cough cough ** WHAAAAAT ** glurp slurp ** WHAAAAAT ** wheeze ** WHAAAT ** spills drink and causes general discomfort ** does comedy LEGEND, comedy LEGEEEENNNDD Neil Hamburger do in the film that fails him? His best! The Comedian plays terrible night clubs, performing Hamburger’s schtick (good) to audiences ranging from unresponsive to combative, to whom he respond with hissing abuse. Here the film does its best work: in its compartmentalization of the Comedian (and “the Comedian”) into disastrously mutually exclusive parts, the stunted theme of performative identity has some space to unfold. When given the chance to demonstrate what the film so incessantly tries to superimpose in imagery, the Comedian hints that the inner/outer divide is a dangerous dysphoria to be played out in the arena of the acting self. He rarely speaks except on stage, where he boils over in repellent performance. When affronted by one of his audience’s utter disinterest, the lines between crude performer and stifled everyman man blur into a wheezing, hacking snot of a creature. The film’s finest moment is when, so rattled by a pathetic turnout, the Comedian’s violent hatred, inwards and outwards, manifests as about five uninterrupted minutes of mimed fart noises. Finally!

In these rare moments of lowbrow confrontation emerges the glimmer of productive engagement with its own text and with the audience. It is disgusting and dismal to identify with the Comedian, but impossible to look on with the glassy eyes of his audience. Those glorious fart noises alert us to the fun we should be having; that’s entertainment! Forgetting for a moment its insistent oppressive self-seriousness, farting becomes Entertainment. Other forays into the bizarre, however, are less rewarding. The violence and anger hinted at in the Comedian’s performance come to life as instances of none-sequitur and often sexually motivated violence and vileness, that do little towards furthering story, theme, etc, and solidify Entertainment’s arthouse posturing. Like, why is Michael Cera even here?!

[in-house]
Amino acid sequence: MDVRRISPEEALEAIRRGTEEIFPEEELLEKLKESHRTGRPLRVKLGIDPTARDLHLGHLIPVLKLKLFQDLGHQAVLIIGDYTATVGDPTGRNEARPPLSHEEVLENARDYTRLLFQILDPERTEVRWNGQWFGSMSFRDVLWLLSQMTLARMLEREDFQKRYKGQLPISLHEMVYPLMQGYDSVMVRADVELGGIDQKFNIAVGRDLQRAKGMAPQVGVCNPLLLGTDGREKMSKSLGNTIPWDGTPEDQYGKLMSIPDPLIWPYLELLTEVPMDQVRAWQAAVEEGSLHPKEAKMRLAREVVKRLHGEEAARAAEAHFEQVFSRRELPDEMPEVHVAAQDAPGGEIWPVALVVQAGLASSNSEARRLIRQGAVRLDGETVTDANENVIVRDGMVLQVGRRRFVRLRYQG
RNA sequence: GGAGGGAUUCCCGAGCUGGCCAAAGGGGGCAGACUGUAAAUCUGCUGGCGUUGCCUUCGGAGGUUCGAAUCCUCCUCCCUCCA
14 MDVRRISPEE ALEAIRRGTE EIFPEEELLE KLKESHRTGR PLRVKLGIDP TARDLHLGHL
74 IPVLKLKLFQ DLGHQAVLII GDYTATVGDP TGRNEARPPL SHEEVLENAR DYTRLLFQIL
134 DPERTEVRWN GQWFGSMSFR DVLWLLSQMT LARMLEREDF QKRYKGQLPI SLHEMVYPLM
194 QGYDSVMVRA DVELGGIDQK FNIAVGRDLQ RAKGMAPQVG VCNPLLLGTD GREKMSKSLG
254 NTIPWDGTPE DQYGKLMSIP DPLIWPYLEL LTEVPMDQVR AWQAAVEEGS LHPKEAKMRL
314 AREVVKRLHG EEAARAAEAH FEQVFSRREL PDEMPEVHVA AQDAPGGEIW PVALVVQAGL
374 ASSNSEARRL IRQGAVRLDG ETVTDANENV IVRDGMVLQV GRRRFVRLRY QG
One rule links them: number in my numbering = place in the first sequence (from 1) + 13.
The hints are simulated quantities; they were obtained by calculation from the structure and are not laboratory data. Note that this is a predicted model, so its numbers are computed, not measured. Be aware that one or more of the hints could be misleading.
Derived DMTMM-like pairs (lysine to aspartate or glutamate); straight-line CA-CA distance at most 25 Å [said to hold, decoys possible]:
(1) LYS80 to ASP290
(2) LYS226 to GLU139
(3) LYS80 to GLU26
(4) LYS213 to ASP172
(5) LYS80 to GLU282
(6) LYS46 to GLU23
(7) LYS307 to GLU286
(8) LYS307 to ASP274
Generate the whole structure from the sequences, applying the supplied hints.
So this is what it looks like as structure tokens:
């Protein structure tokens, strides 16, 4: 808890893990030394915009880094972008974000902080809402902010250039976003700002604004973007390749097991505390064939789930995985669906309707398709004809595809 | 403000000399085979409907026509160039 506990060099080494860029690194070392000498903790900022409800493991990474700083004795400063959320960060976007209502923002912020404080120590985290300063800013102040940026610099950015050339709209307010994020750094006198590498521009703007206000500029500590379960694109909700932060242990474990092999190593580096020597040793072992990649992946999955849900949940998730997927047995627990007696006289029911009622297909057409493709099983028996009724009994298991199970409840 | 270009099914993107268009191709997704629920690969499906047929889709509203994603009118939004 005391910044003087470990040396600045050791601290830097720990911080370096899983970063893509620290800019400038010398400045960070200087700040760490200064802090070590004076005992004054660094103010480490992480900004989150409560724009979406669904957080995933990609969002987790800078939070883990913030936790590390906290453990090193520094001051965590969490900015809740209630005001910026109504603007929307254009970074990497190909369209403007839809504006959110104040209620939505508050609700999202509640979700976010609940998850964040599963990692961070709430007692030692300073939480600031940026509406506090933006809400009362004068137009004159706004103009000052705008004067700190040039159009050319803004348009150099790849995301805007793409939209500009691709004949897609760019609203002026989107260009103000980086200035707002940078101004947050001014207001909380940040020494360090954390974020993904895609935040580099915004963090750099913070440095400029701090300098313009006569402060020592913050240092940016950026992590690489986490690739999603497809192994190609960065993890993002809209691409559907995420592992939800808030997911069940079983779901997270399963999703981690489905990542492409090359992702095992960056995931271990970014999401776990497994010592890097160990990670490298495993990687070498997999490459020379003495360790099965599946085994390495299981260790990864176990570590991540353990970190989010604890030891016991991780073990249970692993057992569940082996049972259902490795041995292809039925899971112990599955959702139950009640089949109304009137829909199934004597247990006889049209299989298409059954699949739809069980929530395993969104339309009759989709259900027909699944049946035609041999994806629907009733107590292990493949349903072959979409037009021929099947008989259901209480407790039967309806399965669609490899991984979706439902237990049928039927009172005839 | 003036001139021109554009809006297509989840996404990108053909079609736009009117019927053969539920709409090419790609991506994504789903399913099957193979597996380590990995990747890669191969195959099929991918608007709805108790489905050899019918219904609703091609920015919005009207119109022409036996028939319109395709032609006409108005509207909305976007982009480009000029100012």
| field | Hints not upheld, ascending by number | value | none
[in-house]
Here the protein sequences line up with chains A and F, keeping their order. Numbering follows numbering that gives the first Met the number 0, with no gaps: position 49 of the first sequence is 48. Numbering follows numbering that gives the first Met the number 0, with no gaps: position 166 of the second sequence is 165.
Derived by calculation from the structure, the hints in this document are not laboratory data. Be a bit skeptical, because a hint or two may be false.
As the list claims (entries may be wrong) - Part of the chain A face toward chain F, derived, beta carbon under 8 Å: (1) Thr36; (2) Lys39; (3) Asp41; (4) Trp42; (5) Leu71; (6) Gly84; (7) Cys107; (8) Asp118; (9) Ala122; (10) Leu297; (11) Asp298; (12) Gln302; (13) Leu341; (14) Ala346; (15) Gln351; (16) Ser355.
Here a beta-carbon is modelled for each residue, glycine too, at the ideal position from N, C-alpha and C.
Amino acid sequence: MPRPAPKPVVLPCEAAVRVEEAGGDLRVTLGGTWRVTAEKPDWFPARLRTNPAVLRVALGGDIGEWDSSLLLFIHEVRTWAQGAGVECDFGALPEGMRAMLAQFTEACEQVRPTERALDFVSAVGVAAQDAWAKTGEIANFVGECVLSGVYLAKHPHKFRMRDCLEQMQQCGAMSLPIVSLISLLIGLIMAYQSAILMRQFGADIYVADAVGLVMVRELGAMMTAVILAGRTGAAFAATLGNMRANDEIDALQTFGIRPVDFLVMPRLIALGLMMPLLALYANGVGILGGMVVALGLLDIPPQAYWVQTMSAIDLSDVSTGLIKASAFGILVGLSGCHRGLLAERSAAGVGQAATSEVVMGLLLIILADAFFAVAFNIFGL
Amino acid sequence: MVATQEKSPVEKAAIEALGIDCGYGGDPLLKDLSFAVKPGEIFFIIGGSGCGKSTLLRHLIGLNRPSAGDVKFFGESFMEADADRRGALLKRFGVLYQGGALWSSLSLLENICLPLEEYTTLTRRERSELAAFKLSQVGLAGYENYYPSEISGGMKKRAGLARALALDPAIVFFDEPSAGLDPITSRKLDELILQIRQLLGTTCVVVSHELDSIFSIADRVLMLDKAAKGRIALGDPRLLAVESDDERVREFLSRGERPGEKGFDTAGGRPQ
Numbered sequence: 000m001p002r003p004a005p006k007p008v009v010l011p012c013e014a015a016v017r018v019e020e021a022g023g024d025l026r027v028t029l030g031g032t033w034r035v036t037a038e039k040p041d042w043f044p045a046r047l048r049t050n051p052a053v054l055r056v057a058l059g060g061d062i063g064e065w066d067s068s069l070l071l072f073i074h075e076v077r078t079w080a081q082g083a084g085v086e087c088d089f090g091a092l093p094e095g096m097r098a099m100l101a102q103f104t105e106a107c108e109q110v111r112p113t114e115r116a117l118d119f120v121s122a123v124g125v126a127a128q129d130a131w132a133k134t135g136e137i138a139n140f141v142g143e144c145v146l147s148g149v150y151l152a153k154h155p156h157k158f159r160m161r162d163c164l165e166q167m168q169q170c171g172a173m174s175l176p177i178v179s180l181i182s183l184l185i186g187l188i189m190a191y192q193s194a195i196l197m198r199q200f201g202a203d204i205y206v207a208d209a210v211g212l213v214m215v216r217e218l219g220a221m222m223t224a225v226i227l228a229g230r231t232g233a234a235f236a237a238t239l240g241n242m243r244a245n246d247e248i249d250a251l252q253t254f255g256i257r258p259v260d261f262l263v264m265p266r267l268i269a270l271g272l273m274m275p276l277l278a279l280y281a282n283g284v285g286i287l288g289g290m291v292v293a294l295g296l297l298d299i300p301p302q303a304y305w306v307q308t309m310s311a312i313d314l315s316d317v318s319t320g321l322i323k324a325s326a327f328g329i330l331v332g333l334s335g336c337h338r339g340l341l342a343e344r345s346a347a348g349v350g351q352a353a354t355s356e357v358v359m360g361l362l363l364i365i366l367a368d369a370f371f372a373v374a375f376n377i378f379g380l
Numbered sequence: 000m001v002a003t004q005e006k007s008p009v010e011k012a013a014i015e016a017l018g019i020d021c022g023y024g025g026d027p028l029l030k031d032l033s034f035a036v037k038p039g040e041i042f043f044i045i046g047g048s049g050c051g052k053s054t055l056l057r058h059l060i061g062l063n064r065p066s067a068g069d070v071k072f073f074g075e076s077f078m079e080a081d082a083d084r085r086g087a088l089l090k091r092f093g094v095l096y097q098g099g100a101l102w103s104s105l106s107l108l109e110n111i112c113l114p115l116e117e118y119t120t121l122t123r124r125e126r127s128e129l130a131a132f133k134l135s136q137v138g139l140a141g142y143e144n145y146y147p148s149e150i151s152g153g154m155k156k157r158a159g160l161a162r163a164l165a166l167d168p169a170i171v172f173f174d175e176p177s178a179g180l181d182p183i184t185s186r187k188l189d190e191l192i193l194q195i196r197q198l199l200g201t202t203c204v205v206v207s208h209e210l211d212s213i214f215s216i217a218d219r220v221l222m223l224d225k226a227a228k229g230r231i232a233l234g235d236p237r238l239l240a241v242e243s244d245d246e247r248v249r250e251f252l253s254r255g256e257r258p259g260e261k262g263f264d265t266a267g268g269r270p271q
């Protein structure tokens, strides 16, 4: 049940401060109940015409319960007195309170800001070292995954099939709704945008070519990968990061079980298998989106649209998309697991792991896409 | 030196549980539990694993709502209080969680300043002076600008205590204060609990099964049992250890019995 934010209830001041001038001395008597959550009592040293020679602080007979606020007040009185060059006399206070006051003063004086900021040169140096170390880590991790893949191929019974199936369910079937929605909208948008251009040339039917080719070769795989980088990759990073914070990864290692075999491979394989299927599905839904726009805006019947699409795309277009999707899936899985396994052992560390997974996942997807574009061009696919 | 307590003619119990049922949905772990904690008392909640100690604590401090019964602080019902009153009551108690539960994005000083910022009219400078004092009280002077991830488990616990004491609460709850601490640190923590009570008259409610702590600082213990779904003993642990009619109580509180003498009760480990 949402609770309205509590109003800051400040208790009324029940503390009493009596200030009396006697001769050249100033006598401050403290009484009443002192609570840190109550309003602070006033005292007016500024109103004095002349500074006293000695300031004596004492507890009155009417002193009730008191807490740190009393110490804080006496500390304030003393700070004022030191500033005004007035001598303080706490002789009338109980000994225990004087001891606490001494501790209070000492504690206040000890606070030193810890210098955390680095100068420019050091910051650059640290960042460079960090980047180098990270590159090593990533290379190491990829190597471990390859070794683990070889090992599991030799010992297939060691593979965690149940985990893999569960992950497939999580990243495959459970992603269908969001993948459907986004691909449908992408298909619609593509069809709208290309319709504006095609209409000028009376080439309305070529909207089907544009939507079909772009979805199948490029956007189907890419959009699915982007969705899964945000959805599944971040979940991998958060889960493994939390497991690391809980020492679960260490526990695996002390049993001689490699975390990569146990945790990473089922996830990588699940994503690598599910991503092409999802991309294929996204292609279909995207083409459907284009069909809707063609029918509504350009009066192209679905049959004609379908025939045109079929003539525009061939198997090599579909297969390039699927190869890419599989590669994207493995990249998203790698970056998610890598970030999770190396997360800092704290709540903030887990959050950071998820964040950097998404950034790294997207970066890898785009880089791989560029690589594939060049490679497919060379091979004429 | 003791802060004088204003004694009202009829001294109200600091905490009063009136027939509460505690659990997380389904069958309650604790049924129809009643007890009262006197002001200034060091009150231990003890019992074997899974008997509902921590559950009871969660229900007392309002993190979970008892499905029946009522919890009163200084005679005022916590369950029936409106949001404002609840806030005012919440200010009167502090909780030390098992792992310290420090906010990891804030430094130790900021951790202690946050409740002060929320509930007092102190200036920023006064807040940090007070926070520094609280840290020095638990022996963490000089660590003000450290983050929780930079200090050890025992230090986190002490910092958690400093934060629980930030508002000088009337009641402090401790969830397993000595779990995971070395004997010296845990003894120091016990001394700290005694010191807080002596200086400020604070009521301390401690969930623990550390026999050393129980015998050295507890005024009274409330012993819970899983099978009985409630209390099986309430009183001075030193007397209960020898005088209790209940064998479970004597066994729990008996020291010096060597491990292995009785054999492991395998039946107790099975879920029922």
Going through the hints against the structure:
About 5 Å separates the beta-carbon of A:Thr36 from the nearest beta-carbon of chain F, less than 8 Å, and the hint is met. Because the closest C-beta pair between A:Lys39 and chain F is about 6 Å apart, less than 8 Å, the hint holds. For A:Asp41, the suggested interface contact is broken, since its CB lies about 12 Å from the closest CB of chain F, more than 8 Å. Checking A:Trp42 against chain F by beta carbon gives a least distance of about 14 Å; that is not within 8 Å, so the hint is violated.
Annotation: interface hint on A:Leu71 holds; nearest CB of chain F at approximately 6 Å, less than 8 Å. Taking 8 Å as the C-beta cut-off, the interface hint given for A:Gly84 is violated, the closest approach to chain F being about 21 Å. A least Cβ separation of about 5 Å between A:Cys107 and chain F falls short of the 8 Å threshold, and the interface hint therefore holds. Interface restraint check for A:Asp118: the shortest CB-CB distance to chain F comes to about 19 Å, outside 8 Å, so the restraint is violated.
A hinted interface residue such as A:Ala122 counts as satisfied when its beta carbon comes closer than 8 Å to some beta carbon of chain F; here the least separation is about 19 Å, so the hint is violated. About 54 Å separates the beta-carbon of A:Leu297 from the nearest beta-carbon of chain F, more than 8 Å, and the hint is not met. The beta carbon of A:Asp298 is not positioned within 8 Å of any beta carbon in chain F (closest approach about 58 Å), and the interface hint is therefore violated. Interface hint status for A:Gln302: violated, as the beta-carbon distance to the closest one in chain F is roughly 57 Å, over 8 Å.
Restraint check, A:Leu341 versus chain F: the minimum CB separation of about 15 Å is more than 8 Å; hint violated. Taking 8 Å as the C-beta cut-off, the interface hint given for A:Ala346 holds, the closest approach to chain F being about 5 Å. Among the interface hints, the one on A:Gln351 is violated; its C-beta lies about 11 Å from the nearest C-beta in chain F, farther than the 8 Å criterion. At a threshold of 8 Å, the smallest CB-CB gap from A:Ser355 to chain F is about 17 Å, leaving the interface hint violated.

I do fear that I am missing the joke — that Entertainment is aware of its own pretensions, that it is winking at/with those who see that, and laughing at those who can’t see the ruse but still think it genuinely artistic — i.e. fulfilling the Hamburger doctrine. But stubborn ol’ (hopefully smart-as-a-whip, too) me is inclined to believe that Entertainment simply fails to see what it could achieve if it toyed with its own pretensions, rather than parading them in clunky showman-ship-less-ness. Its one note is one too often rung, with little tonal variation. It is observational rather than explorative, and hardly comic, in its clumsy tale of the modern Pagliacci. But could it, I ask, at least be funny, or even anti-comedic (!) in so doing? Of course, it is useless to evaluate based on generic expectations I held based on straight-up no evidence, and everyone else liked this (!) but still: a poop joke, please?